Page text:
Welcome to A Life Examined

What is the examined life? A life worth living! As I look at the road ahead, I take all the baggage from the past and use it as experience - the pain and the passion, the sorrow and the joy - allowing it to carve wisdom into my mind and hope into my spirit.
There is no experience that can't be useful to me at some point in my life. There is no lesson learned that cannot make a contribution to the future.
A tiny drop of water is a part of the ocean. A tiny speck in the night sky is a ginormous star in the distance. It all depends on perspective.
So, this examined life is to offer reflections in the hope of discussing things which are of value to myself and to others.
Love, Sarah






Wednesday, 18 March 2015

Raising Children: Part 4 - Love Languages

There is a series of books written by Gary Chapman, PhD, some of which he has co-written with Ross Campbell MD. The original of these books is called, The Five Love Languages.

What are the 5 love languages? Touch, Words of Affirmation, Deeds of Service, Gifts and Time.
The basic premise is that within each of us is a predisposition to receive love best when it is expressed through one of these basic love languages. When  love  is expressed toward us through our preferred language, we recognize it and feel unconditionally loved and affirmed. When we do not receive love as expressed through our fundamental love language, we do not acknowledge it nor do we feel loved. It doesn't really matter how much we are loved, when it is expressed in a manner different from our fundamental love language, it doesn't quite reach us.

Children need large doses of love expressed through all of the love languages until they are at least 5. If we do not express our love in varied ways, they will hunger for love and be left unfed. If they receive varied expressions of love, they will grow up more secure than if they do not.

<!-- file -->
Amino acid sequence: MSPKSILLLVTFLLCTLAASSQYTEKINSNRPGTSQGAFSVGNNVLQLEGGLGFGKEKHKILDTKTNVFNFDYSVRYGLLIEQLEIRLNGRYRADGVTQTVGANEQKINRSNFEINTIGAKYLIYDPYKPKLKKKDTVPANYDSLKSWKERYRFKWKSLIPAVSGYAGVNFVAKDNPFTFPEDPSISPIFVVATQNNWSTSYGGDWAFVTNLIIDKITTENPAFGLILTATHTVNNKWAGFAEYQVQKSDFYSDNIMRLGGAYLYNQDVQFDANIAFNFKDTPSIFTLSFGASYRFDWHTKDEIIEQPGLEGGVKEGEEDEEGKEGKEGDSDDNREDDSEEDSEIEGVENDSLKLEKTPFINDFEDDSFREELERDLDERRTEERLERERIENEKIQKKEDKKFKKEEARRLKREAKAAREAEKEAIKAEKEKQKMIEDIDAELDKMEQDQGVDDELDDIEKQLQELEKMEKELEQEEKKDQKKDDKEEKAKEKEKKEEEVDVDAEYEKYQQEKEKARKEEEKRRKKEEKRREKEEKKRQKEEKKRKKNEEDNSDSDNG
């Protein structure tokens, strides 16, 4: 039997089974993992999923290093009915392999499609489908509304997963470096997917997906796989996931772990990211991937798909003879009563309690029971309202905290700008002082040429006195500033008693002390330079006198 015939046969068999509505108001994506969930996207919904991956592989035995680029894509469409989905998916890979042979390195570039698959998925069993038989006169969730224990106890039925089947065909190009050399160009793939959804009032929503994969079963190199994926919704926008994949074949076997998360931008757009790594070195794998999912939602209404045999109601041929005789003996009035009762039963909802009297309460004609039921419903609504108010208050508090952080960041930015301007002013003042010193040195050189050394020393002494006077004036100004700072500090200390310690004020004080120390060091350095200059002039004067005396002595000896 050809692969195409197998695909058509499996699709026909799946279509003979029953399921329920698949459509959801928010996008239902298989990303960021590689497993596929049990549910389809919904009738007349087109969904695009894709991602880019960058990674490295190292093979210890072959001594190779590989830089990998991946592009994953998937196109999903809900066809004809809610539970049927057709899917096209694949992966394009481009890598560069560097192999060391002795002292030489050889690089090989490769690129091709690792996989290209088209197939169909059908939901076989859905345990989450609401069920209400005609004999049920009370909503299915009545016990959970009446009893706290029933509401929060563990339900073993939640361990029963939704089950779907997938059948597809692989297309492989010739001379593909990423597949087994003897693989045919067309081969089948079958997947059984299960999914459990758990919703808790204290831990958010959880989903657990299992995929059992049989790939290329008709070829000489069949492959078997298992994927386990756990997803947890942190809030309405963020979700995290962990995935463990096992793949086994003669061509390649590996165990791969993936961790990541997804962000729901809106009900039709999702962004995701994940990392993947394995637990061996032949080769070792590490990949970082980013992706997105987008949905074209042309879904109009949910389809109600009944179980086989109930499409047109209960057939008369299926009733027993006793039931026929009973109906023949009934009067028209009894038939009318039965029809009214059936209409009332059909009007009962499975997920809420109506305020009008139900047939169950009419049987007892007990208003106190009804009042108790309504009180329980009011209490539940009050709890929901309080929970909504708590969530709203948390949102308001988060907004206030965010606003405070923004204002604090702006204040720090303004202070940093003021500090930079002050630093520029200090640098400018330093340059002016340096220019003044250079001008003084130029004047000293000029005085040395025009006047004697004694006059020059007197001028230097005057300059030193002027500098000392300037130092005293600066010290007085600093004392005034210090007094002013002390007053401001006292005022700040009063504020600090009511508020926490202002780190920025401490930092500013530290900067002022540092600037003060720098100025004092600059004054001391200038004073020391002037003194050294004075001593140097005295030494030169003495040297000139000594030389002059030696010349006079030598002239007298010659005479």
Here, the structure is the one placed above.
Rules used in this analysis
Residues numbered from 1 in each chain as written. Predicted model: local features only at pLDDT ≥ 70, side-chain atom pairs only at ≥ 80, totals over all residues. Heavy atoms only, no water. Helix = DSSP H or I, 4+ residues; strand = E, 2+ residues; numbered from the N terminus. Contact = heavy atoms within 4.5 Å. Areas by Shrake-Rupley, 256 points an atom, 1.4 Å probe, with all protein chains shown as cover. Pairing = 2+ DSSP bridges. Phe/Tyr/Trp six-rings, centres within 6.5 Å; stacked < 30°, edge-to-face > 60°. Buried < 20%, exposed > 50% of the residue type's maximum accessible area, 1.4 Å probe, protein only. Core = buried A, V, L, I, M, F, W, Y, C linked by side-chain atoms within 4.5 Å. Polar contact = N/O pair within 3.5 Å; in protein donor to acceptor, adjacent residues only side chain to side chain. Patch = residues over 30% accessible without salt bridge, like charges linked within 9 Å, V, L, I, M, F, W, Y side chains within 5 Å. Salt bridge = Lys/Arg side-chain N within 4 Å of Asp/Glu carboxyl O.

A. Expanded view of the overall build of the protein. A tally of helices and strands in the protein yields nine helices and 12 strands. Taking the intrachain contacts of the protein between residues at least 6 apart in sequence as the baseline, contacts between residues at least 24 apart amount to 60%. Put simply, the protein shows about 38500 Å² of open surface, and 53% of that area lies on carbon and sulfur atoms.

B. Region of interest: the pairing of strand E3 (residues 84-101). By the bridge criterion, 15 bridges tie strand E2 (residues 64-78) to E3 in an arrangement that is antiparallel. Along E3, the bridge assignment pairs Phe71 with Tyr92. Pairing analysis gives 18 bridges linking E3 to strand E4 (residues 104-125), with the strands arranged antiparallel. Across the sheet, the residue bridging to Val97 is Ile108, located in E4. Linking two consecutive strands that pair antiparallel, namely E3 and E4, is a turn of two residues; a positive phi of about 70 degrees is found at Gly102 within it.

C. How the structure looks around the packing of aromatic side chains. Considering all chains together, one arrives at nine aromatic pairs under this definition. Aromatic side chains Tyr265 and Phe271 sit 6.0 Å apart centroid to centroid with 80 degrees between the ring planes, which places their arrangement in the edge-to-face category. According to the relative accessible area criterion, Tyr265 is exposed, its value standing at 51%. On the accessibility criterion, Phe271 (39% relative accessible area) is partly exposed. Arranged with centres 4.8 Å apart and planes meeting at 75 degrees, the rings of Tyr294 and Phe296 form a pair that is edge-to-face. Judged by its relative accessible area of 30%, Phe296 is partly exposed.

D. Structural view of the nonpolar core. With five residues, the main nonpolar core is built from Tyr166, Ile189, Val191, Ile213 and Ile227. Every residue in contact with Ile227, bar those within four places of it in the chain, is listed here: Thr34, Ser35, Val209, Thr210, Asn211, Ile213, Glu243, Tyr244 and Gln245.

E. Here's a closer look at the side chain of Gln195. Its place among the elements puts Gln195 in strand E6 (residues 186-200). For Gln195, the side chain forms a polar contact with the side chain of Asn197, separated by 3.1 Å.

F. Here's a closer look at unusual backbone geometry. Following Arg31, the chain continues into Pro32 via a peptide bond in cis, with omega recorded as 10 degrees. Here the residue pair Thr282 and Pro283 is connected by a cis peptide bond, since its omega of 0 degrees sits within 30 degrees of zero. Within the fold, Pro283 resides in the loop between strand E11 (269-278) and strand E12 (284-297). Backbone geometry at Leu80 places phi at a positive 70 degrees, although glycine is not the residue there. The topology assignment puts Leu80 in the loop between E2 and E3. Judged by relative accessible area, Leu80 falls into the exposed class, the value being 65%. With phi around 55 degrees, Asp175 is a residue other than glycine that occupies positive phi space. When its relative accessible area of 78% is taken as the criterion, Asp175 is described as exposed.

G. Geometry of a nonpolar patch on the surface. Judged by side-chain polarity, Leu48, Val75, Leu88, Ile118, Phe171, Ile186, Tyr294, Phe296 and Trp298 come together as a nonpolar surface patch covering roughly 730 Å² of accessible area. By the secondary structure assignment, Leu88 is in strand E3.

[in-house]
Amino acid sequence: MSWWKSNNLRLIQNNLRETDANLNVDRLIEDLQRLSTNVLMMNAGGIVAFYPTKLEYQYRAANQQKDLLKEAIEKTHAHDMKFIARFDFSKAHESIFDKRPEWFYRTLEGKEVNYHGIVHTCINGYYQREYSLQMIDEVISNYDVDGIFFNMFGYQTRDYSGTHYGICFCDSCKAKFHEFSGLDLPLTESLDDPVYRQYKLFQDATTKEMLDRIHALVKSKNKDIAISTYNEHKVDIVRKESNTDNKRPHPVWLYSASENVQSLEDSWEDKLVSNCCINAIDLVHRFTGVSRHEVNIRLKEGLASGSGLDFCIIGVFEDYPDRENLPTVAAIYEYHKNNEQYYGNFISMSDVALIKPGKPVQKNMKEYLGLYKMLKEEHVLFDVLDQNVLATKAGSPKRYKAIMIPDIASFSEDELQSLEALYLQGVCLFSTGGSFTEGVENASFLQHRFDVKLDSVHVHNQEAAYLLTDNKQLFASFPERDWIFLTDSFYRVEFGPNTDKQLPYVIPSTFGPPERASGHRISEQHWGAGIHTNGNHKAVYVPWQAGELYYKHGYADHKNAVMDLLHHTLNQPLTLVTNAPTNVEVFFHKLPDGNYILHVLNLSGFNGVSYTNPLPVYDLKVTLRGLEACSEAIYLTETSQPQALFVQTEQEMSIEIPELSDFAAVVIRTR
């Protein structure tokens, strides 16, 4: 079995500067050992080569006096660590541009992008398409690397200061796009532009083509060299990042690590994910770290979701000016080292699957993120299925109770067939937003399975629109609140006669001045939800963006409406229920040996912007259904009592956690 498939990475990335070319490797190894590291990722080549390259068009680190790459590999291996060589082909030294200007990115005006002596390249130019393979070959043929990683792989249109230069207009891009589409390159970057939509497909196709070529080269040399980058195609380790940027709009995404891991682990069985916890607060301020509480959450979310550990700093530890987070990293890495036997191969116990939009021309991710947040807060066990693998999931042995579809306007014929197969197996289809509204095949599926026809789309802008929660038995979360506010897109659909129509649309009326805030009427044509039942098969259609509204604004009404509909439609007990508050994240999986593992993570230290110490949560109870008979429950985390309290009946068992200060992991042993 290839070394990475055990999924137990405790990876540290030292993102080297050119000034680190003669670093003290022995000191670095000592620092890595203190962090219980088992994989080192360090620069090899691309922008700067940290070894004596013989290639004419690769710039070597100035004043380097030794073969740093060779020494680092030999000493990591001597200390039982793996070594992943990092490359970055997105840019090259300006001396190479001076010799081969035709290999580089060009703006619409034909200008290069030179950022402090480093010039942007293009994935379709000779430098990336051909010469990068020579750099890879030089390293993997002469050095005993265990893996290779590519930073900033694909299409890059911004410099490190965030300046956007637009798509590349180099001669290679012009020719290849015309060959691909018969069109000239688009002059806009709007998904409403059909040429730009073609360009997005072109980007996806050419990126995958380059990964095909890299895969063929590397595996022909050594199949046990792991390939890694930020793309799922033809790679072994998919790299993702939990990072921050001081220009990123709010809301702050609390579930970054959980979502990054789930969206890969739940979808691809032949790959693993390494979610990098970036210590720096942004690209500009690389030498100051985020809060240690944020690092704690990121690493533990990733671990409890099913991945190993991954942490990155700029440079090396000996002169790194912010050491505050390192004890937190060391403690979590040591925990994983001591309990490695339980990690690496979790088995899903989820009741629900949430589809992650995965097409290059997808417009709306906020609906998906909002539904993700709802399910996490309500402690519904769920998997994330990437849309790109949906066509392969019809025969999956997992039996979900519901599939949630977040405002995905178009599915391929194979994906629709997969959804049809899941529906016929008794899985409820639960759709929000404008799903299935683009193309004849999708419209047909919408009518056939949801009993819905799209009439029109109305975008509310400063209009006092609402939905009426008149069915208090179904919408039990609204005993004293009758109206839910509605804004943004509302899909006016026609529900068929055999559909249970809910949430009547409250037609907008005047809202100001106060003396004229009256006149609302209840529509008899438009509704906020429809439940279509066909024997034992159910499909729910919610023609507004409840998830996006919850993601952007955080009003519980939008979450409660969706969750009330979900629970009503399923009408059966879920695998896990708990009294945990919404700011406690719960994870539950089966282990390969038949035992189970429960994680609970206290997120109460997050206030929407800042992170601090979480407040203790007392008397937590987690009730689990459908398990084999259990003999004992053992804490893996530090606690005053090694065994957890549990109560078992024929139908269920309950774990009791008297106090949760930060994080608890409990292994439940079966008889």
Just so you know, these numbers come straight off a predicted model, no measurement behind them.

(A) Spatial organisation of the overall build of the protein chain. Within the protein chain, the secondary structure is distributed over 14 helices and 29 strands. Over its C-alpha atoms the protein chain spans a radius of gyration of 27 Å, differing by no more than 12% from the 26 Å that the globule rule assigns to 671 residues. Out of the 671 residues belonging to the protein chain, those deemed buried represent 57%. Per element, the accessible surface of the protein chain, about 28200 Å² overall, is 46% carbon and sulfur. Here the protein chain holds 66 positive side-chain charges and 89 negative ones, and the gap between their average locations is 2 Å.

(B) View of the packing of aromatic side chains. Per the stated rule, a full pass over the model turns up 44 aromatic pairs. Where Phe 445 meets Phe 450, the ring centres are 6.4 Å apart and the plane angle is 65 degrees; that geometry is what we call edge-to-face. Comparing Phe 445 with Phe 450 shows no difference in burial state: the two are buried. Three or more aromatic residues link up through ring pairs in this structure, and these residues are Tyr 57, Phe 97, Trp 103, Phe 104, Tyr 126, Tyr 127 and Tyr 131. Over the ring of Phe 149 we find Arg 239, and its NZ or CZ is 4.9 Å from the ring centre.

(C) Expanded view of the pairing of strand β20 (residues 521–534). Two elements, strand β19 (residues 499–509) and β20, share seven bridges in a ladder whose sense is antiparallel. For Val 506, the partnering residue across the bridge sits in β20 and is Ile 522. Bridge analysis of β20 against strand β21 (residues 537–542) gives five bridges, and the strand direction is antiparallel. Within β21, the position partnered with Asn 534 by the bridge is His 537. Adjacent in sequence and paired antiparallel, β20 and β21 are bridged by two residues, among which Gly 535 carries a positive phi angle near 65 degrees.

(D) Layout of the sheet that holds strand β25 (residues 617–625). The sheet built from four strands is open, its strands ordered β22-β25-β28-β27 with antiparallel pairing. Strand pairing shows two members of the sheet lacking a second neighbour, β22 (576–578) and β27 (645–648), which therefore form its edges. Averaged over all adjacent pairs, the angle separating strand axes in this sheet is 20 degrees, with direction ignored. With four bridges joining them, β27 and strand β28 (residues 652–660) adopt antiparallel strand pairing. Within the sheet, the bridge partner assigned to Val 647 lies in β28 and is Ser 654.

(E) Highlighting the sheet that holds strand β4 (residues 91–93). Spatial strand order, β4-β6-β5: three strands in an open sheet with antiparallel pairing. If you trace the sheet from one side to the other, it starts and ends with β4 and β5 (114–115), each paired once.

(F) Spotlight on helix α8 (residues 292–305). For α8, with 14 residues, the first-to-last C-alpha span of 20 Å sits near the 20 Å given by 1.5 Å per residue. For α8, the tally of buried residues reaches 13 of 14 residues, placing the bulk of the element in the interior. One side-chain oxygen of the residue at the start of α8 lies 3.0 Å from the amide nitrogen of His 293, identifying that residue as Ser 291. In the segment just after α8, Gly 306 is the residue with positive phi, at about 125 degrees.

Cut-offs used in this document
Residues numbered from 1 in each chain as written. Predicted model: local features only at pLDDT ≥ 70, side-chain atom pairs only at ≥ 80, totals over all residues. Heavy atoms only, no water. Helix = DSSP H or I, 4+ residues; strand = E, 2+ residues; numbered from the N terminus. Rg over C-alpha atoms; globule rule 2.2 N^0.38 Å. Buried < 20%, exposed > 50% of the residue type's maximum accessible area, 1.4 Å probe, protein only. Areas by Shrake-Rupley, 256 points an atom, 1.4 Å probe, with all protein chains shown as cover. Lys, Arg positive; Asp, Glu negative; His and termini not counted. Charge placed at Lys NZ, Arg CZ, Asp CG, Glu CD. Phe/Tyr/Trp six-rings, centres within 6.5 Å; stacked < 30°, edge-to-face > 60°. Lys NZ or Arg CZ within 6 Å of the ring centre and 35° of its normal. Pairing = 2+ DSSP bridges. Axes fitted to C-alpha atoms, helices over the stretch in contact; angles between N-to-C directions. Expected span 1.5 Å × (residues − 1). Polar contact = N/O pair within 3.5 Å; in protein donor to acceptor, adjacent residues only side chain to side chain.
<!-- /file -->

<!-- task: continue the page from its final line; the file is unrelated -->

I have found the premise behind The Five Love Languages to be very helpful in being a parent. I've learned that by expressing disappointment or discipline without withdrawing my love toward my son, even if he has been deliberately badly behaved, he takes his consequences better and learns through inner conviction his error, and changes his behaviour or attitude more readily, than when I punish, withdraw my affection or explode.

I am learning my love language and that of others. I am discovering myself and how to identify the love languages of others by observing them and listening to them. I am adjusting my parenting as my son grows and reveals his love language: Time.

Both my husband and son share the love language of Time. According to Chapman, this means as wife and mother I need to devote fully engaged time with my family members if they are to receive the love I have for them. This is difficult for me as time, to me, is not as important as kind words (Words of Affirmation) or hugs (Touch).

I'm learning how to love better and am discovering that my life is full of time I didn't know I had. I'm receiving more of the love I like too: hugs and words of encouragement. Our household doesn't always 'hum' but it's better as I give my time and attention where it is needed and valued.

Thanks Gary Chapman for your book, The Five Love Languages



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